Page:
David (Microsoft) vs Goliath (Google)

Image Source: Channel Futures

By coming out & saying “I want people to know we made them dance” in this clip, Satya Nadella has officially announced the beginning of an AI war with Google, who in turn, has also accepted the challenge by launching its own version of ChatGPT called Bard (unfortunately, the launch was botched, wiping out ~$100Bn from its market cap in a day).

Btw, how awesome was this clip? Just the look in Satya’s eyes & the intent behind the statement fired me up, & I don’t even work at Microsoft.

The first battleground of this war is Search. And it’s expected to see classic “David vs Goliath” type asymmetric warfare (Google has 90%+ market share in Search, as opposed to single digit % for Bing). Goliath has everything to lose while David has relatively fewer resources (existing Search distribution in this case).

So, how would each of them be thinking about war strategy? There are clues in asymmetric military wars that have unfolded historically eg. the US in Vietnam.

David’s view (Microsoft):

David can’t beat Goliath in conventional warfare due to the sheer gap in resources. So, it doesn’t make sense for him to engage Goliath by following standard rules in the open. David’s best bet is to engage with Goliath unconventionally, perhaps playing by a new set of rules ‘cos that’s when existing resources will mean less.

Real-world examples of this include (many of these ideas are covered in Sun Tzu’s Art of War, & can be seen in historical military confrontations):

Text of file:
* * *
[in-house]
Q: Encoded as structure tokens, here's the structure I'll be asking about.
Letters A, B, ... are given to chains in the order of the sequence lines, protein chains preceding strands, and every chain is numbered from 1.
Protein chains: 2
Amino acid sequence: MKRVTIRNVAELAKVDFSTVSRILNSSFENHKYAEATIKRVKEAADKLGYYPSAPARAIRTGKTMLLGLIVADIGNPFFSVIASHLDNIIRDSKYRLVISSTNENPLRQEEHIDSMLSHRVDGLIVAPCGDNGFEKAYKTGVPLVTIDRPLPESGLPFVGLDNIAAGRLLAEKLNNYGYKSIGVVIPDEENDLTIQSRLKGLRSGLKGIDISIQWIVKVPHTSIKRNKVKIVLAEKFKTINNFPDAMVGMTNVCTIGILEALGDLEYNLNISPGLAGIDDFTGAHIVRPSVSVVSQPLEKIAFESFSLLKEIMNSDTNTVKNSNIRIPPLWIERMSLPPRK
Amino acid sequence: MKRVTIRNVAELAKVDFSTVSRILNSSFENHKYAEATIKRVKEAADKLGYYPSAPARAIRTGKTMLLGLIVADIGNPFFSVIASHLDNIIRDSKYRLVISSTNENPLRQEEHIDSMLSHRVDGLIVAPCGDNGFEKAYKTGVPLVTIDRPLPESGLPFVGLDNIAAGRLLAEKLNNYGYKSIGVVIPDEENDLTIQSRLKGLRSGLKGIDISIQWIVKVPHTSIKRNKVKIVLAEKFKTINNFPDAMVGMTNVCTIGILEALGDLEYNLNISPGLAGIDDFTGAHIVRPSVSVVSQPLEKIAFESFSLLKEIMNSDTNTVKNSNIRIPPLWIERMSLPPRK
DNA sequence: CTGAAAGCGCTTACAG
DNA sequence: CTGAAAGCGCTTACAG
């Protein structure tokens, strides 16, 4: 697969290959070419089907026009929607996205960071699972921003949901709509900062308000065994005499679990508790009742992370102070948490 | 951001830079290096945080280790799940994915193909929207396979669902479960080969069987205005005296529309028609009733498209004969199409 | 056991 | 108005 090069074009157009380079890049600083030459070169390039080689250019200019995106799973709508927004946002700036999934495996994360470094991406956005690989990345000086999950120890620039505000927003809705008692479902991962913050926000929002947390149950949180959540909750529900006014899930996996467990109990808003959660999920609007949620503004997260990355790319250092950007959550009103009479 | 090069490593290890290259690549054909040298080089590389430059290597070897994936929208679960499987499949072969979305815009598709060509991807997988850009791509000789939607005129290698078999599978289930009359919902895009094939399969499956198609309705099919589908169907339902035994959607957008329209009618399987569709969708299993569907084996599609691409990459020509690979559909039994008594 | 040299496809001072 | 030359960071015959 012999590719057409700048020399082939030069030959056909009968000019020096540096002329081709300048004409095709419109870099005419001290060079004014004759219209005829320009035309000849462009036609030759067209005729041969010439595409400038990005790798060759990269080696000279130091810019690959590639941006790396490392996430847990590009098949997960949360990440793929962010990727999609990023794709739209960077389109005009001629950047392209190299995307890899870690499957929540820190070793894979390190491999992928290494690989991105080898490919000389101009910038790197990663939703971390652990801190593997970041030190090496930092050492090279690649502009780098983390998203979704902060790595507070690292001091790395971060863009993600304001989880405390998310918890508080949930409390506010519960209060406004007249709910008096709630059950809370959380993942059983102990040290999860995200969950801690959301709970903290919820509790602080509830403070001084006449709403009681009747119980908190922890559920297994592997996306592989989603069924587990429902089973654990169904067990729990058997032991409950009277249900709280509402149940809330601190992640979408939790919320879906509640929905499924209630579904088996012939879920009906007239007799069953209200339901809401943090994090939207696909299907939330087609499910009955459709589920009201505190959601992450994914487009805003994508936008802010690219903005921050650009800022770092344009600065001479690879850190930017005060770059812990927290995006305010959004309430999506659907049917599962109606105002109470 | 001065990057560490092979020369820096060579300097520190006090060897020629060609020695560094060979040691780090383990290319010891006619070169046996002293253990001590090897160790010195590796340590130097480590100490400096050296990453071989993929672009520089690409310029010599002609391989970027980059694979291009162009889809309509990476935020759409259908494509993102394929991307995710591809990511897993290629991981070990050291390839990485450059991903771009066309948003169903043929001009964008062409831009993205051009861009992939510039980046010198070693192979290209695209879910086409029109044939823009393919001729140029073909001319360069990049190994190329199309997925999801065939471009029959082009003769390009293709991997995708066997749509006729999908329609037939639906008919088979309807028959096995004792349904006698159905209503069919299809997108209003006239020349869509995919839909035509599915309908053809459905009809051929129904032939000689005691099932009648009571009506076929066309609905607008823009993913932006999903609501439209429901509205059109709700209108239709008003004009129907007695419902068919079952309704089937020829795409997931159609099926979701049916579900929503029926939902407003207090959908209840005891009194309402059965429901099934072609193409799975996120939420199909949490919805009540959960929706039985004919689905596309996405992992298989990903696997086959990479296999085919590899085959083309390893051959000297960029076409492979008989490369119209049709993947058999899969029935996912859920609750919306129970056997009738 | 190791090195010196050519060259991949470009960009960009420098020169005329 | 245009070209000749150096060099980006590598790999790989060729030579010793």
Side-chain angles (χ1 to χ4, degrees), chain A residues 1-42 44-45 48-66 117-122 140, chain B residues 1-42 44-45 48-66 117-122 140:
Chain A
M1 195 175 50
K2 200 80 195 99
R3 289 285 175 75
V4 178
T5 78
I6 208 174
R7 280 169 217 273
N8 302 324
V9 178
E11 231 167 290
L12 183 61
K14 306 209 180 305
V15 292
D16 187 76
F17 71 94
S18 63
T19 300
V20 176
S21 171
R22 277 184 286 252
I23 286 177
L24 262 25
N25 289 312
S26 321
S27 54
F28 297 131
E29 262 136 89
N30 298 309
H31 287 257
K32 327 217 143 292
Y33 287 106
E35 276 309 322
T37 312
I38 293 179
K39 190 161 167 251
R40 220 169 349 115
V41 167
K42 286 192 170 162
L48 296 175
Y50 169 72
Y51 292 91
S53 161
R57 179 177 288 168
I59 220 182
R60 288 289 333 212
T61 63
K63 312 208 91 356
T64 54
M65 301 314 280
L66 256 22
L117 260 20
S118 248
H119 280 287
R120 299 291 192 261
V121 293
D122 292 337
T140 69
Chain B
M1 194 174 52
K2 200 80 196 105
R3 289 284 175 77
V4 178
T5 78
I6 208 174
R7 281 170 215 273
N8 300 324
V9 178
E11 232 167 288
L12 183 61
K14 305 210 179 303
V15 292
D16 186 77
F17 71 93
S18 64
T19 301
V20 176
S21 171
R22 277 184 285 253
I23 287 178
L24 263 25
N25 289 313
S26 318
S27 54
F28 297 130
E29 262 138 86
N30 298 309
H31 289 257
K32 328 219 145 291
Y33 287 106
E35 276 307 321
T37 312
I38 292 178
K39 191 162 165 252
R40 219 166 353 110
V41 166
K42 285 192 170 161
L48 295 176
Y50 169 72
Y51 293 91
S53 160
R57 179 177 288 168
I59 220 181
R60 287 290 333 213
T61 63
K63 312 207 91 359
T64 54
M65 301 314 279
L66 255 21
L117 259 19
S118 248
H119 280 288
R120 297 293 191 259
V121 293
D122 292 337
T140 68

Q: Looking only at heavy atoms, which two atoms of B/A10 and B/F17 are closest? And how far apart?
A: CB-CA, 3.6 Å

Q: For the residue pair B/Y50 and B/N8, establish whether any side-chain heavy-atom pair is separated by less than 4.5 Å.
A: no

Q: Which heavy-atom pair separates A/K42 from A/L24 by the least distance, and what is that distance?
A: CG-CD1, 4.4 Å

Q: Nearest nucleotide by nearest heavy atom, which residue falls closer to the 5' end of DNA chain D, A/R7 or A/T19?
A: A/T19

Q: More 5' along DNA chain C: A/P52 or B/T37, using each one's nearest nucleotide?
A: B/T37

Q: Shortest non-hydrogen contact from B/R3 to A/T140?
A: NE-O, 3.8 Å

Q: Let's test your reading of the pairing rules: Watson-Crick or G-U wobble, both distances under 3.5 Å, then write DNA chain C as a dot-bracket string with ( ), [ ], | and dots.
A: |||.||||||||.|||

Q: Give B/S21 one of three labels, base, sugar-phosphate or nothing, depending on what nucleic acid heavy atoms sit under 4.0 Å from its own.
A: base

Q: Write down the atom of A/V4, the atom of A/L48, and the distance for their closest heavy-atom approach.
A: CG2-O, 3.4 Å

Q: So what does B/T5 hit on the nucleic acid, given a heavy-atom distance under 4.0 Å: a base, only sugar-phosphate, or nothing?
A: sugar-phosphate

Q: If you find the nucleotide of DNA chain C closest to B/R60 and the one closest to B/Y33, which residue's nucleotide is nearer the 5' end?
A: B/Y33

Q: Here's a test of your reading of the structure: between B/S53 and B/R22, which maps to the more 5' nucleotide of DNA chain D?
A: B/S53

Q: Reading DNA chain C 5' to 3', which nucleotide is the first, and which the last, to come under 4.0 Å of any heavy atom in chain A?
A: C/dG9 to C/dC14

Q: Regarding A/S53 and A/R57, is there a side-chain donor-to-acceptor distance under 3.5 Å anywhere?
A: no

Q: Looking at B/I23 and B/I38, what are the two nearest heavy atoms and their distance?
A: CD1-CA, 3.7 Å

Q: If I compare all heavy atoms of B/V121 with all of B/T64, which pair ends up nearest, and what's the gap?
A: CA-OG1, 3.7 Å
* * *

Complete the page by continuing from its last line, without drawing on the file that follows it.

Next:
• Attack Goliath when he least expects it.
  • Target areas where Goliath has more to lose than David (eg. a classic nuclear threat).
  • Avoid a battleground that Goliath is familiar with. Take the battle to unfamiliar territories.
  • Prefer guerrilla warfare over all-out confrontation.
  • Use new modes of warfare wherein there is more parity with Goliath eg. economic warfare, communications warfare, strategic diplomacy etc.
  • Engage in indirect conflict by leveraging third parties that have some edge over Goliath.

If one closely observes how Microsoft is approaching the AI war in Search, it’s using many of the above elements.

First, under Satya’s leadership, Microsoft made itself stronger as a software conglomerate (Teams winning over Slack, LinkedIn’s massive moat, Azure taking a significant lead over GCP etc.). This has brought it more parity with Google at a group level.

Second, while Microsoft has increasingly become an agile & aggressive war machine, Google’s unthreatened monopoly in Search has eroded both the rate of innovation & sense of urgency from its operating culture. In a way, Microsoft is attacking Google when it is at its weakest culturally, while itself being at its strongest in a decade.

Third, the rise of AI is fast changing the rules of the game and as OpenAI’s ChatGPT has shown, Search is likely to look very different in the future. This change is being organically driven by a technology inflection, making Google’s existing dominant position in Search potentially less meaningful going forward.